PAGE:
The writer is president of South Africa and chair of the African Union
The G20 summit ended last weekend with a call for “immediate and vigorous measures” to address the effects of the Covid-19 pandemic. Among these is a looming sovereign debt crisis, particularly in Africa. Urgent and collective action is needed there to stave off that crisis and to maintain the invaluable social gains that the continent has made.
In the early 2000s, multilateral debt relief provided a much needed reprieve for heavily indebted, poor countries around the world. Many African nations took the opportunity. Their economies grew and their development indicators improved. Nevertheless, some countries’ debt became unsustainable as ultra-low interest rates allowed them to increase borrowing.
Indeed, based on the latest IMF and World Bank analysis, six sub-Saharan African countries are now in debt distress, while 11 are at high risk of distress. Before the pandemic, sub-Saharan Africa’s debt load was forecast at 56.4 per cent of gross domestic product for this year; the current projection is for 65.6 per cent. To stop this rising level of debt turning into a crisis, several steps need to be taken now.
The first has partly been made through the G20 debt service suspension initiative. This has benefited 46 countries, and deferred $5.7bn of debt payments. It has also recently been extended by six months until the end of June 2021, and may be extended further to the end of 2021. Africa accounts for 38 of the 73 eligible countries.
Unfortunately, there are several obstacles to the region taking full advantage of the initiative. There remains a risk that major credit rating agencies will put countries on negative credit review if they seek relief from private creditors under the scheme. This possibility has deterred some countries from requesting debt service suspension from private creditors — even though that would support economic recovery and future creditworthiness.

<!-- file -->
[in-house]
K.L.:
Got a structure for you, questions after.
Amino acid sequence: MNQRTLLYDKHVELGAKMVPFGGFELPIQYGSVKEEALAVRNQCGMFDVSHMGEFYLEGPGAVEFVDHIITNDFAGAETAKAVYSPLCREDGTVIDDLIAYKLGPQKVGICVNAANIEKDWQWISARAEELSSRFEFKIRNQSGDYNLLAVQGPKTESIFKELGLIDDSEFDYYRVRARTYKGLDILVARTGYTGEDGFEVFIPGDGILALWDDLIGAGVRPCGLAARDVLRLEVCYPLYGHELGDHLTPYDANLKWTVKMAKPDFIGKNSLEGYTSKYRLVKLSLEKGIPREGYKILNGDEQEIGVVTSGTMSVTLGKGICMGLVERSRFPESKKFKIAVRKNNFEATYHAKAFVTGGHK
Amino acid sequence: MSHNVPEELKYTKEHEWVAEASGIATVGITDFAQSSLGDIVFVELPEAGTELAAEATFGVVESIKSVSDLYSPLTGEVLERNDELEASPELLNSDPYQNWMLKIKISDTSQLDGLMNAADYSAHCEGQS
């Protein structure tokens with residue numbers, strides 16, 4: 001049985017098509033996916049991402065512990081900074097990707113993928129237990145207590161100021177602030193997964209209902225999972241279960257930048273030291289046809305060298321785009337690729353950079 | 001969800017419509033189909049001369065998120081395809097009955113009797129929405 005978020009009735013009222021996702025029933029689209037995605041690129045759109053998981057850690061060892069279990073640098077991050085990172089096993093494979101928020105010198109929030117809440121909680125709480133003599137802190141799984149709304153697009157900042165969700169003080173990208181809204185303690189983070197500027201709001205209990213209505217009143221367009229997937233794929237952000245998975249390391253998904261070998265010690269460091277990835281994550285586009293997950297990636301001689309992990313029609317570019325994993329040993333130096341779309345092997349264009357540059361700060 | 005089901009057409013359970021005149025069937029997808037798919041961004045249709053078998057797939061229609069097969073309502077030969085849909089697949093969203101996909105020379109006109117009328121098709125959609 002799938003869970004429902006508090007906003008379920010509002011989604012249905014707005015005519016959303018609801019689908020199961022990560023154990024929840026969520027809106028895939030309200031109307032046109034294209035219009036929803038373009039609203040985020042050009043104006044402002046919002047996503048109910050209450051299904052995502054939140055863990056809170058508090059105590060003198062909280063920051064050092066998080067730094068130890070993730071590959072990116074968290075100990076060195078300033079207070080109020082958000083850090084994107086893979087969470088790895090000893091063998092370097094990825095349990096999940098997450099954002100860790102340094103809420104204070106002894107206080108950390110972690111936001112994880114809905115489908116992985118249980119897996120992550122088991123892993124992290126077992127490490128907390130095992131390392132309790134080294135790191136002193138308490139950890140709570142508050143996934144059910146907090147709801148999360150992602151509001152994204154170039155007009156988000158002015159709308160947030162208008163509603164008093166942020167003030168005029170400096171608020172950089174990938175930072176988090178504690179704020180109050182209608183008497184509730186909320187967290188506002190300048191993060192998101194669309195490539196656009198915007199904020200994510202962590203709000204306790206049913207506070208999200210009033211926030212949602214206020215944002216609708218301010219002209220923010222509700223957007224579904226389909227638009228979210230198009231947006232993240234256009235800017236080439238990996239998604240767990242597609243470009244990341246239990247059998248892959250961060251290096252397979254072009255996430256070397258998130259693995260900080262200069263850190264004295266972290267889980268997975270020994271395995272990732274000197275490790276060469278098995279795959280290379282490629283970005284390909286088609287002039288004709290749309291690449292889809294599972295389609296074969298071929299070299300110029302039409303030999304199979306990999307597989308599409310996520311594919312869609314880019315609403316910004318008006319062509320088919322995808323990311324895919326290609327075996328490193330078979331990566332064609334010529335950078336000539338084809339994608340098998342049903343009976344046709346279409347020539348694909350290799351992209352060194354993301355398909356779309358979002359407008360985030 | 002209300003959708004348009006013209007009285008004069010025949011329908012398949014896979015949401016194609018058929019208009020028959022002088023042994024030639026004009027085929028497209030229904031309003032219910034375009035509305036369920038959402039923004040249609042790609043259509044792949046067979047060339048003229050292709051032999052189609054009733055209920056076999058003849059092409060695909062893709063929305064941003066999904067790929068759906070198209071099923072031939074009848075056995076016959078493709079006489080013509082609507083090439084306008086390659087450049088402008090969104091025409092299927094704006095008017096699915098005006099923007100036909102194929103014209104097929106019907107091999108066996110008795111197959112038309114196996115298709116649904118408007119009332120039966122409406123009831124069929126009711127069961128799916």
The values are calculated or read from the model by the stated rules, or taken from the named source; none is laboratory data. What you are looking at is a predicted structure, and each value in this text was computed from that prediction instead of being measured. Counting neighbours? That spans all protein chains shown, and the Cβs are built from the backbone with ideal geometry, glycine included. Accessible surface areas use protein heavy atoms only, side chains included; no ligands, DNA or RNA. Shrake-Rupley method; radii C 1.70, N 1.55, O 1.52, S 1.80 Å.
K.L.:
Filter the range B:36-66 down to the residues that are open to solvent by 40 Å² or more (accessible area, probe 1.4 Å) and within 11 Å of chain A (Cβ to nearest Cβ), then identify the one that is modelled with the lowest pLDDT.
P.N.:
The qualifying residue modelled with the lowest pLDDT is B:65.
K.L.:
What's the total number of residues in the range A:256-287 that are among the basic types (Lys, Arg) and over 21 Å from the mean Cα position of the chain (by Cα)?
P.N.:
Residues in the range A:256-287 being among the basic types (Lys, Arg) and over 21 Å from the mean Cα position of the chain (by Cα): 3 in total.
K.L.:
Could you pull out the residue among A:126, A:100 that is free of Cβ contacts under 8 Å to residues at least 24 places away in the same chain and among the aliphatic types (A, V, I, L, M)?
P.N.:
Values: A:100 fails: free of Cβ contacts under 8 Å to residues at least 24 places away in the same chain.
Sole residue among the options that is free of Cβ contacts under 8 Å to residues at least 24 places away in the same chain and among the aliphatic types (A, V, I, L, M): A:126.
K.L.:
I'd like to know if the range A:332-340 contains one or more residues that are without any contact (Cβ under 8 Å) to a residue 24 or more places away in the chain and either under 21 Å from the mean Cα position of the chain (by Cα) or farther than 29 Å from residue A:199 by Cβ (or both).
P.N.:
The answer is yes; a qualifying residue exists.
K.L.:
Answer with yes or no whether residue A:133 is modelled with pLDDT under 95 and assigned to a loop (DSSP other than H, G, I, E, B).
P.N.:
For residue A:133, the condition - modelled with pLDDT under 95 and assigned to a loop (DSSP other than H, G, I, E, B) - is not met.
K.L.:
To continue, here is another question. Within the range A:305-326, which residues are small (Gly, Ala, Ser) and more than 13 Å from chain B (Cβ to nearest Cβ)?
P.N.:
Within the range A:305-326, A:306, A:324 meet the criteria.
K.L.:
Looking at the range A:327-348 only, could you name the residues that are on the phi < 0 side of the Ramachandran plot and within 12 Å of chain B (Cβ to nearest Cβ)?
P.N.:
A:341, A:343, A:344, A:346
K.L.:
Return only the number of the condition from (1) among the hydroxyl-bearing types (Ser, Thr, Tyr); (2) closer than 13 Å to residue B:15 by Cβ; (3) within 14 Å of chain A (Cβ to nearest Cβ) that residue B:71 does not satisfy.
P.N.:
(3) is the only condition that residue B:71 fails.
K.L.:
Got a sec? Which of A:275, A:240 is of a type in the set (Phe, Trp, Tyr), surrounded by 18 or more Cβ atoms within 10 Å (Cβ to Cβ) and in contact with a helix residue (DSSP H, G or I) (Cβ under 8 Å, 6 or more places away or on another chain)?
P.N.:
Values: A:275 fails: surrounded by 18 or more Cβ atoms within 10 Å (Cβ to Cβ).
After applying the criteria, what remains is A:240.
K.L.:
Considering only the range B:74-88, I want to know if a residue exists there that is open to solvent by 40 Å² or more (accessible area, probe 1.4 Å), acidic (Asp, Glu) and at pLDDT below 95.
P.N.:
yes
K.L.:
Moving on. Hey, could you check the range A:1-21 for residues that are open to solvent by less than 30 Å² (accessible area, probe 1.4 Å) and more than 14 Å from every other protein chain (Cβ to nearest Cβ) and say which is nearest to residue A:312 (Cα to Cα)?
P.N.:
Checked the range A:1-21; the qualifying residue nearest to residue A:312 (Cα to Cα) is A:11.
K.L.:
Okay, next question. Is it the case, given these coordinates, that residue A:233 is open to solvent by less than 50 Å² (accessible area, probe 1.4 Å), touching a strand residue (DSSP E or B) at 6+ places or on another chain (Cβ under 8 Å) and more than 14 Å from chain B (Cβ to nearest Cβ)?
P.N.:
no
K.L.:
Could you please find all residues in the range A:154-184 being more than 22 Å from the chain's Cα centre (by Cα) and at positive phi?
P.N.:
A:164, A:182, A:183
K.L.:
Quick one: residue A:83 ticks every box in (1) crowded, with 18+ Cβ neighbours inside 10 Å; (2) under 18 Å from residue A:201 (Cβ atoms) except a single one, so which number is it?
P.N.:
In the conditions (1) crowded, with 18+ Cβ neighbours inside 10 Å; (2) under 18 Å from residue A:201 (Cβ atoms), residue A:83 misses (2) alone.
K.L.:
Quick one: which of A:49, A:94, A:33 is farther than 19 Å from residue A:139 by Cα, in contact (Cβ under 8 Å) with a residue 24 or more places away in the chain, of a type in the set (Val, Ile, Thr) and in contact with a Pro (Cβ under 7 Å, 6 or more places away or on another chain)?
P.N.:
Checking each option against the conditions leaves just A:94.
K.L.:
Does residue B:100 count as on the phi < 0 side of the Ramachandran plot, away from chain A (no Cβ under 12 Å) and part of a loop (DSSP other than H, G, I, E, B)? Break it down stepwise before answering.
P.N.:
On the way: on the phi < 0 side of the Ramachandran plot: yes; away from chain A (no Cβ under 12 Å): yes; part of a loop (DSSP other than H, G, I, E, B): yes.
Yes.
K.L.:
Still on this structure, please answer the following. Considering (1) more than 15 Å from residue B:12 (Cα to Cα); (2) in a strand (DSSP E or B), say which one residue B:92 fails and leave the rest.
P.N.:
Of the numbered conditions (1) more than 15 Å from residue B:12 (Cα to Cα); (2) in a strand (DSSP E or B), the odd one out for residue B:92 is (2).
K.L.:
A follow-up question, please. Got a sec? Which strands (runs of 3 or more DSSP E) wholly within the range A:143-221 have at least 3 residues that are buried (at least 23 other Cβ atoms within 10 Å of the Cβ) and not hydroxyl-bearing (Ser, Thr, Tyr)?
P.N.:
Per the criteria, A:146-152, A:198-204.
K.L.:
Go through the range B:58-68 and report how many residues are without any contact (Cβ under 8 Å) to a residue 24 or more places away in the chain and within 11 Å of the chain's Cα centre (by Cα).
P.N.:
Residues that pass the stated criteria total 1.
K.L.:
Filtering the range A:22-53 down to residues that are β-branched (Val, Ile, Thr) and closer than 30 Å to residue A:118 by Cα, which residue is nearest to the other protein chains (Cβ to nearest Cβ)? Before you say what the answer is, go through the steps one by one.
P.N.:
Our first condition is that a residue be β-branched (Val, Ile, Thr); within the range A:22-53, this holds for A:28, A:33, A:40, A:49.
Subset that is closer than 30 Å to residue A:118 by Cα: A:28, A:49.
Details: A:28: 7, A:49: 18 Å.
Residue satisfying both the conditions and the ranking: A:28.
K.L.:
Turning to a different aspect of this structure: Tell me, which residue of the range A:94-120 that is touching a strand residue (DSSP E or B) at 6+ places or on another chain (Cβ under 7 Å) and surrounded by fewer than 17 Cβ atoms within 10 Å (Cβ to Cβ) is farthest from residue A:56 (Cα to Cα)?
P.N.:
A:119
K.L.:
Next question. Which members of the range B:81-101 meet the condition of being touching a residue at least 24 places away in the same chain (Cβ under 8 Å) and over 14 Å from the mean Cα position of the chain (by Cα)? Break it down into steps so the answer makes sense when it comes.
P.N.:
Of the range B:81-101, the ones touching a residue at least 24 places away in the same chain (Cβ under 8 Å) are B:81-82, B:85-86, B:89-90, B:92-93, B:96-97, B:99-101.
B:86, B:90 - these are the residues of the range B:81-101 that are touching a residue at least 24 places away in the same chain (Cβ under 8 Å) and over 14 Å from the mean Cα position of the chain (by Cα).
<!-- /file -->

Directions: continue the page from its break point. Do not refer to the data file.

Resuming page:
Furthermore, the lack of participation by the private sector and multilateral development banks have constrained the initiative, currently limited to official government-to-government loans. Private and multilateral creditors account for about $18bn and $7bn, respectively, of the $49bn of payments due from eligible countries from May to the end of the year.
The second step is an allocation of the IMF’s special drawing rights. This is a low-cost way of adding to countries’ international reserves, allowing them to reduce their reliance on more expensive domestic or external debt. However, neither this proposal nor an alternative solution — the reallocation of existing SDRs to countries that need them most — have received the necessary support.
The third step is a sovereign debt restructuring framework. The G20’s new common framework is a move in the right direction in that it seeks to facilitate orderly treatment for DSSI-eligible countries via broad creditor participation. But its success will depend on whether there is appropriate burden sharing by private lenders. Currently, the DSSI lays the burden of repayment on official bilateral creditors.
Lastly, countries need continued technical assistance to improve debt transparency and their debt management offices.
Implementing these steps would give substance to the sentiments recently expressed by the G20. The pandemic “marks a defining moment in our history,” it declared. “Building on the benefits of our interconnectedness, we will address the vulnerabilities revealed by this crisis, take the necessary steps to recover stronger, and work to ensure that future generations are safer.”
For three decades, Africa has worked strenuously towards a more sustainable future. The world cannot allow short-term debt dynamics to derail its march towards a green, digitally enabled and globally connected future.